GOP chairman introduces bill to force 'comprehensive review' of US-Saudi relationship

GOP chairman introduces bill to force 'comprehensive review' of US-Saudi relationship
© Stefani Reynolds

Senate Foreign Relations Committee Chairman Jim RischJim Elroy RischDefense & National Security — Military starts giving guidance on COVID-19 vaccine refusals Blinken pressed to fill empty post overseeing 'Havana syndrome' Bipartisan senators call for Biden to confront Moscow over staffing ban at US embassies MORE (R-Idaho) introduced legislation Wednesday to force the Trump administration to undergo a "comprehensive review" of the U.S.-Saudi relationship.

"This legislation calls for a comprehensive review of U.S.-Saudi relations," Risch said during a Foreign Relations Committee hearing.

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The bill requires the Trump administration to submit a report to Congress within 270 days that reviews the foreign policy goals of Saudi Arabia and if they align with the United States, the level of risk to the United States created by Saudi Arabia's actions and an evaluation of Saudi Arabia's record on human rights.

It would also deny or revoke visas to members of the Saudi royal family who serve in the Saudi government in positions equivalent to a deputy secretary or agency chief. But, the bill would let President TrumpDonald TrumpTrump criticizes Justice for restoring McCabe's benefits Biden: Those who defy Jan. 6 subpoenas should be prosecuted Hillicon Valley — Presented by LookingGlass — Hackers are making big money MORE waive that provision if he deems it's in the national interest.

Risch's bill comes as lawmakers have struggled to find legislation to address Saudi Arabia that could both pass Congress and win over the White House.

The Senate has passed resolutions this year to block Trump's arms sales to Saudi Arabia and force Trump to yank U.S. support for the Saudi-led military campaign in Yemen.

But Trump vetoed the Yemen resolution and is expected to also veto the attempt to block the arms deal. Congress did not have the votes to override his Yemen veto, and will again not have the votes to override him on the arms deal.

On Yemen, Risch's legislation requires the administration to provide a briefing to lawmakers about the progress made toward ending the war and would slap sanctions on individuals who are knowingly blocking humanitarian aid.

The U.S.-Saudi relationship has been a point of contention between Trump and lawmakers in the wake of Washington Post contributor Jamal Khashoggi's killing at the Saudi embassy in Turkey last year.

“The U.S.-Saudi relationship has been going south for a long time,” Risch told The Washington Post. “The Khashoggi event shocked a lot of people and brought a lot of people to the realization that the Saudis were not in tandem with us as they had been in the past.”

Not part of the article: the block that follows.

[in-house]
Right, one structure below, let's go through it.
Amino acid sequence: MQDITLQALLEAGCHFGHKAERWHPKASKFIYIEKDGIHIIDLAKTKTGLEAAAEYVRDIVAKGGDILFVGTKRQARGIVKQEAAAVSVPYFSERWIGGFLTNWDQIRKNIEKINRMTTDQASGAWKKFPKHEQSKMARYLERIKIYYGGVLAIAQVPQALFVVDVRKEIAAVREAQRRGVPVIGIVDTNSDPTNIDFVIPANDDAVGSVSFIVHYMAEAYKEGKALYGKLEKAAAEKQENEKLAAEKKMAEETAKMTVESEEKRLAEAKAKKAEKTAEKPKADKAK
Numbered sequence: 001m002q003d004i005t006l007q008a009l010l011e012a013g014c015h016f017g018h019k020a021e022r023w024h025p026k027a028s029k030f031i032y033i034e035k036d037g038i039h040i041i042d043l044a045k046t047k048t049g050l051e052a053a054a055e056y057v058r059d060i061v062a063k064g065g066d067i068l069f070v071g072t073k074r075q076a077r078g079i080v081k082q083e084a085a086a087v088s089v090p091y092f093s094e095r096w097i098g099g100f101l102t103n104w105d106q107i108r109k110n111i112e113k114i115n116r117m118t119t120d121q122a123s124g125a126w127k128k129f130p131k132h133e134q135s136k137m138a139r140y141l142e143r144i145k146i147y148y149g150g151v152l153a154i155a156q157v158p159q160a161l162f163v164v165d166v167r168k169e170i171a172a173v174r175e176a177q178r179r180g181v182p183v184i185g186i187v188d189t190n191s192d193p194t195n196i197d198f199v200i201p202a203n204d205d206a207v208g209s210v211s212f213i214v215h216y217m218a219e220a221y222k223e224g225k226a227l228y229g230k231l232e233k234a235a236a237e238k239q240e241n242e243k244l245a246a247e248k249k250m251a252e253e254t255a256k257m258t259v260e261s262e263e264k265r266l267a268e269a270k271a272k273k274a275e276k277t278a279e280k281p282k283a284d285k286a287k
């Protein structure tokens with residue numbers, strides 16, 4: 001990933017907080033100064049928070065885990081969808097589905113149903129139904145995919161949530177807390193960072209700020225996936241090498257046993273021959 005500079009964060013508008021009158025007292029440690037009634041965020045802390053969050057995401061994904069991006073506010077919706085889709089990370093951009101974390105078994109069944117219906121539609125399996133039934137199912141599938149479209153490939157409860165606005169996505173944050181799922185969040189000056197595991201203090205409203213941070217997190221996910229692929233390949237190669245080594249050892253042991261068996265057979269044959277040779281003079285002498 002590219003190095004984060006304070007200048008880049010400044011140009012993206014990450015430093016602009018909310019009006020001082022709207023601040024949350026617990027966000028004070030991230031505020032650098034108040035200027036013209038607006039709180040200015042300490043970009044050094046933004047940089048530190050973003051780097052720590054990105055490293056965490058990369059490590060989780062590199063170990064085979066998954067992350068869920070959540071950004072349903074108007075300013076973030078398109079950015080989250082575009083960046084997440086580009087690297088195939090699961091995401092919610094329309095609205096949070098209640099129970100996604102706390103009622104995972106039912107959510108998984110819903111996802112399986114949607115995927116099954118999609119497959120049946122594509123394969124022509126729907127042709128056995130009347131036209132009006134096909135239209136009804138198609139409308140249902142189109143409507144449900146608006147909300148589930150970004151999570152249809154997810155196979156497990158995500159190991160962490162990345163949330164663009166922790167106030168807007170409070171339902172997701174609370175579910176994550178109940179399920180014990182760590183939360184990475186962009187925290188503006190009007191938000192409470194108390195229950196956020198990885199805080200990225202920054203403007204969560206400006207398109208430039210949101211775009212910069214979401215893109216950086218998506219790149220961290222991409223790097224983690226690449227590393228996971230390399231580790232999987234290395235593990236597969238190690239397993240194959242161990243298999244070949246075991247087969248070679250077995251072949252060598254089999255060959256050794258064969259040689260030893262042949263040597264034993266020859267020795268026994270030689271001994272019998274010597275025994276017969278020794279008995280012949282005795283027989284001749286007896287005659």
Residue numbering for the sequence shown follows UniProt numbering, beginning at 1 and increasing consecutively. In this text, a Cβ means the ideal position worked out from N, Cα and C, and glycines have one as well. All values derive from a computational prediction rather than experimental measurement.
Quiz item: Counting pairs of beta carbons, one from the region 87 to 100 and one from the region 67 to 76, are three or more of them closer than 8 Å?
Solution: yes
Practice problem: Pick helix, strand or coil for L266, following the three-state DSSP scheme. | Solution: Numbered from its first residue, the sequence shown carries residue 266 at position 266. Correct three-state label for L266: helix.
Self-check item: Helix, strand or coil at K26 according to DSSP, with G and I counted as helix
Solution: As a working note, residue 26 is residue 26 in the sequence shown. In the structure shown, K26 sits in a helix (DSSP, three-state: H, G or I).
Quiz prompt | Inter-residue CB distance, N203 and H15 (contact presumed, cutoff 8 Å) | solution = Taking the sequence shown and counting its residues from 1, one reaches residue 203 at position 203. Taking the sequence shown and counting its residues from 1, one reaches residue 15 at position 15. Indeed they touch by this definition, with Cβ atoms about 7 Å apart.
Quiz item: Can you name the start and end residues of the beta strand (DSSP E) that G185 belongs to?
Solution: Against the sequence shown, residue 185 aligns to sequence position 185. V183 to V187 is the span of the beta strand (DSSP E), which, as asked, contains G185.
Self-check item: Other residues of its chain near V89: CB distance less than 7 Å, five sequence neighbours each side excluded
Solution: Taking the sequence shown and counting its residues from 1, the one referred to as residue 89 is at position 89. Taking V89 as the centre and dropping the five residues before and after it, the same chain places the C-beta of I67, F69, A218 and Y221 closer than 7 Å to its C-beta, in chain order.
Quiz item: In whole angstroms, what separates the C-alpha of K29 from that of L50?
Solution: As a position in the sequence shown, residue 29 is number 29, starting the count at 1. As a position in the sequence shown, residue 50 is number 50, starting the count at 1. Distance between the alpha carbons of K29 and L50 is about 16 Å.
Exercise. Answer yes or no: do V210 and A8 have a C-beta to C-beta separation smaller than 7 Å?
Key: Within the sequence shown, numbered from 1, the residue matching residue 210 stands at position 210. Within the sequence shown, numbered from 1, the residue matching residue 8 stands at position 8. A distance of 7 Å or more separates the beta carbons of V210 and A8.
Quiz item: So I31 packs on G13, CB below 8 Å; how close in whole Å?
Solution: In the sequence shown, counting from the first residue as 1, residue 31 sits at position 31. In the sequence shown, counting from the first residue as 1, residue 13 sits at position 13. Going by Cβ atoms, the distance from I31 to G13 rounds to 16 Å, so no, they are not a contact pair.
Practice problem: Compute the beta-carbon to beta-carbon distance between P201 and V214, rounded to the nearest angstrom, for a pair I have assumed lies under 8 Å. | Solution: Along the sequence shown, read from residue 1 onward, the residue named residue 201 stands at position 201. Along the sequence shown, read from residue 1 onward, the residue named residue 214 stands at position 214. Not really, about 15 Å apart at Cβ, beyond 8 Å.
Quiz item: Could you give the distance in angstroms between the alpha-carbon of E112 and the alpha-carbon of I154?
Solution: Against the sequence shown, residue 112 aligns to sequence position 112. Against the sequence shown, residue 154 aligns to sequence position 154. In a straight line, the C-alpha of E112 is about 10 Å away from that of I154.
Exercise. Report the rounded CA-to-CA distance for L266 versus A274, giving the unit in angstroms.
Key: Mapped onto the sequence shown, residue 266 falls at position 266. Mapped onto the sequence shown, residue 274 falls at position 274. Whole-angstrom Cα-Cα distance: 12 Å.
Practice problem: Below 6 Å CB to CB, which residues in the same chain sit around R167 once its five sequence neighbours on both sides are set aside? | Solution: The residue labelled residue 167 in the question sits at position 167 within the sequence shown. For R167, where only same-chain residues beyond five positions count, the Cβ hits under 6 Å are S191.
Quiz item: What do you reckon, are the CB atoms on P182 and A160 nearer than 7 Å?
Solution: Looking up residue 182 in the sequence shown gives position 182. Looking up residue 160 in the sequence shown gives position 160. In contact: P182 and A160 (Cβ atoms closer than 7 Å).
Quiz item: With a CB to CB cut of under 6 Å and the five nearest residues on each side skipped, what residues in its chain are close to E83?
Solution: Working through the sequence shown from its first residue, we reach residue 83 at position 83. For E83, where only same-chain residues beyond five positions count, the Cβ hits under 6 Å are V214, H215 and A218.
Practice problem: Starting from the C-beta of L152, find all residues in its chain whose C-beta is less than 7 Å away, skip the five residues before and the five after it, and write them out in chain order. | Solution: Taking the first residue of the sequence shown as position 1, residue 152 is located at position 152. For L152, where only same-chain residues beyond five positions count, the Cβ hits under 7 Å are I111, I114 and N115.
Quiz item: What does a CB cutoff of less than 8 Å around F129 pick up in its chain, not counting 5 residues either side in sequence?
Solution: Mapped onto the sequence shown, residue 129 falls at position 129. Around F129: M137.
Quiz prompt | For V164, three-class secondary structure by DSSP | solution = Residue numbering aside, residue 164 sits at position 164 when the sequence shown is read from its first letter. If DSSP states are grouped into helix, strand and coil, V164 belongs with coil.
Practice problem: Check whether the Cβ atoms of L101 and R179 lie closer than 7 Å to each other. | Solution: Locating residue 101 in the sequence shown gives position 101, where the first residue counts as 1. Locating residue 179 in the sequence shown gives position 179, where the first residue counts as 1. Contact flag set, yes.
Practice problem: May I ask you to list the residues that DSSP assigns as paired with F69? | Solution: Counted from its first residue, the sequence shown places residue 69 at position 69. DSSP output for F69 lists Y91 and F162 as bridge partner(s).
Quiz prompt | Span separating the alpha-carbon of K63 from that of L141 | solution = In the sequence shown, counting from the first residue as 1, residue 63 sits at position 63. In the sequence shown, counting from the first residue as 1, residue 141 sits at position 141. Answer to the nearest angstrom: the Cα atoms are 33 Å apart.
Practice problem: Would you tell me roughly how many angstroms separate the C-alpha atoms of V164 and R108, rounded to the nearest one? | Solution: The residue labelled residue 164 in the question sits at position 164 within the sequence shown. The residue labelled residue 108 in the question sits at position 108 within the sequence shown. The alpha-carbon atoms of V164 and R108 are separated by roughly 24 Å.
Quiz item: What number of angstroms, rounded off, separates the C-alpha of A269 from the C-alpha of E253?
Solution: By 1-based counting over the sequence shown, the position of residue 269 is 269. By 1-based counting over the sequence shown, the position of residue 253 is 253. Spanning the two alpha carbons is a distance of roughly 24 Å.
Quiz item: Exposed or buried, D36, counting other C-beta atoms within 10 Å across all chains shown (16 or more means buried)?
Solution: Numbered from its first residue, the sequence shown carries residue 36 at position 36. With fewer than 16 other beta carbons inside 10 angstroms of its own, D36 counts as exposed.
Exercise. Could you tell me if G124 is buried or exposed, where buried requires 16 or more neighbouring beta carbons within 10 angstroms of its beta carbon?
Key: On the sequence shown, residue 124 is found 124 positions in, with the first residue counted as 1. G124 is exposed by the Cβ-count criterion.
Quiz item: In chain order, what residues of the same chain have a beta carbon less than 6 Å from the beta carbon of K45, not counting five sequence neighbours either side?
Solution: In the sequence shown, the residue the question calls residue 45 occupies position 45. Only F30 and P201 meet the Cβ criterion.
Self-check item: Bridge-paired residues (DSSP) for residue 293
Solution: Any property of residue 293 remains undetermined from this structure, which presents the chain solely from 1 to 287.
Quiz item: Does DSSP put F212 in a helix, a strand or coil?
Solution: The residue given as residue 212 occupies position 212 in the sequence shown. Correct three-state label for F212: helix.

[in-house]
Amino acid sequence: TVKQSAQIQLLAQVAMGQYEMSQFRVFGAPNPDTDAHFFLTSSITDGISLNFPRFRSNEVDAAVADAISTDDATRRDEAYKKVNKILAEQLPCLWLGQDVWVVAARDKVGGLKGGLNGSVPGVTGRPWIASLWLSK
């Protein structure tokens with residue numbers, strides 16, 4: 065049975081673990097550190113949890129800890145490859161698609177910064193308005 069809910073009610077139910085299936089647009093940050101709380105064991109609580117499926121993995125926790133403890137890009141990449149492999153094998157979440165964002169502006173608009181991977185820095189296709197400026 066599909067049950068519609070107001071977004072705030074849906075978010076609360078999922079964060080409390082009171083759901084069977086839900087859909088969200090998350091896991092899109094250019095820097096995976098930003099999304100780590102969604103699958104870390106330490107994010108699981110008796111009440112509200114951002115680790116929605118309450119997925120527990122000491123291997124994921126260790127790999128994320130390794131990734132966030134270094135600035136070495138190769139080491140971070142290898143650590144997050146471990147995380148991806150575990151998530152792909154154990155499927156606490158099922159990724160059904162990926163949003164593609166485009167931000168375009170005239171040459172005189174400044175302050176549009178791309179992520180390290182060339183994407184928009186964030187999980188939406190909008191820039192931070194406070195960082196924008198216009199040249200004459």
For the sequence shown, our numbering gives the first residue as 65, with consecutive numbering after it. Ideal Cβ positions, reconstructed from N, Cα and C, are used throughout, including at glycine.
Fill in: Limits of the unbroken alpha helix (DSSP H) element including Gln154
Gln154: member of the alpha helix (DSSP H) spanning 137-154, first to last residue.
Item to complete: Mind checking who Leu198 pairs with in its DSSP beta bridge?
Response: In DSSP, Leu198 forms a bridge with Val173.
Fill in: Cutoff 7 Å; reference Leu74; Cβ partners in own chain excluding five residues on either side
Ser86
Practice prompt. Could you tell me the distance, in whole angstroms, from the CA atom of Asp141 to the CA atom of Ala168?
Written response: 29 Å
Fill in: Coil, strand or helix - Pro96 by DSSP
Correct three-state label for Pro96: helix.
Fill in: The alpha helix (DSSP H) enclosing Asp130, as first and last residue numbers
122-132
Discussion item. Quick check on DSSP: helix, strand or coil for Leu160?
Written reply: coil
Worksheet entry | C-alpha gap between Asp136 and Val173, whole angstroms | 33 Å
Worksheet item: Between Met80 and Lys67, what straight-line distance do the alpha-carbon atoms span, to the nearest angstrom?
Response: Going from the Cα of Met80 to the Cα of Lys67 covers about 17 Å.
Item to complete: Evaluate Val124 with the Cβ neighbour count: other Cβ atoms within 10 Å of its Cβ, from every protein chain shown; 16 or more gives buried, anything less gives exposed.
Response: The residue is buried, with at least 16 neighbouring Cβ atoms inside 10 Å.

“The objective here is to maintain the relationship and at the same time bring [the Saudis] to the realization and change of conduct that needs to be done if the relationship is to be continued,” Risch added. “It can’t continue in the direction that it’s going. I have met with the Saudis and told them that they are only one Khashoggi-type of event away from having to find a new partner.”

Risch is expected to give his bill a markup in committee as soon as next week, where he'll need a majority to beat back a Democratic counterproposal and advance his bill to the full Senate.

In addition to Risch, Sens. Marco RubioMarco Antonio RubioDefense & National Security — Military starts giving guidance on COVID-19 vaccine refusals Blinken pressed to fill empty post overseeing 'Havana syndrome' Tim Scott takes in .3 million in third quarter MORE (R-Fla.), Jeanne ShaheenCynthia (Jeanne) Jeanne ShaheenDefense & National Security — Military starts giving guidance on COVID-19 vaccine refusals Blinken pressed to fill empty post overseeing 'Havana syndrome' Lawmakers call for more resources to support early cancer detection MORE (D-N.H.) and Christopher CoonsChris Andrew CoonsDefense & National Security — Military starts giving guidance on COVID-19 vaccine refusals Blinken pressed to fill empty post overseeing 'Havana syndrome' Who is afraid of the EU's carbon border adjustment plan? MORE (D-Del.) are backing the legislation.

A majority of the panel is also backing legislation from Sen. Bob MenendezRobert (Bob) MenendezDemocrats weigh changes to drug pricing measure to win over moderates Advocates frustrated by shrinking legal migration under Biden Rand Paul blocks quick vote on House-passed B Iron Dome funding MORE (D-N.J.) and Todd YoungTodd Christopher YoungThe unseen problems in Afghanistan How to fix the semiconductor chip shortage (it's more than manufacturing) Senate Democrats try to defuse GOP budget drama MORE (R-Ind.) that includes automatic sanctions and a temporary suspension of arms sales to Saudi Arabia.

Risch praised his colleagues on Wednesday, saying he "sought broad input" and that Democrats have been "very helpful in trying to craft legislation."

"[But] I urge us all to seek measured solutions to these difficult challenges and avoid inadvertently strengthening our adversaries or damaging our partners and allies," he said during Wednesday's committee hearing.

Updated: 12:19 p.m.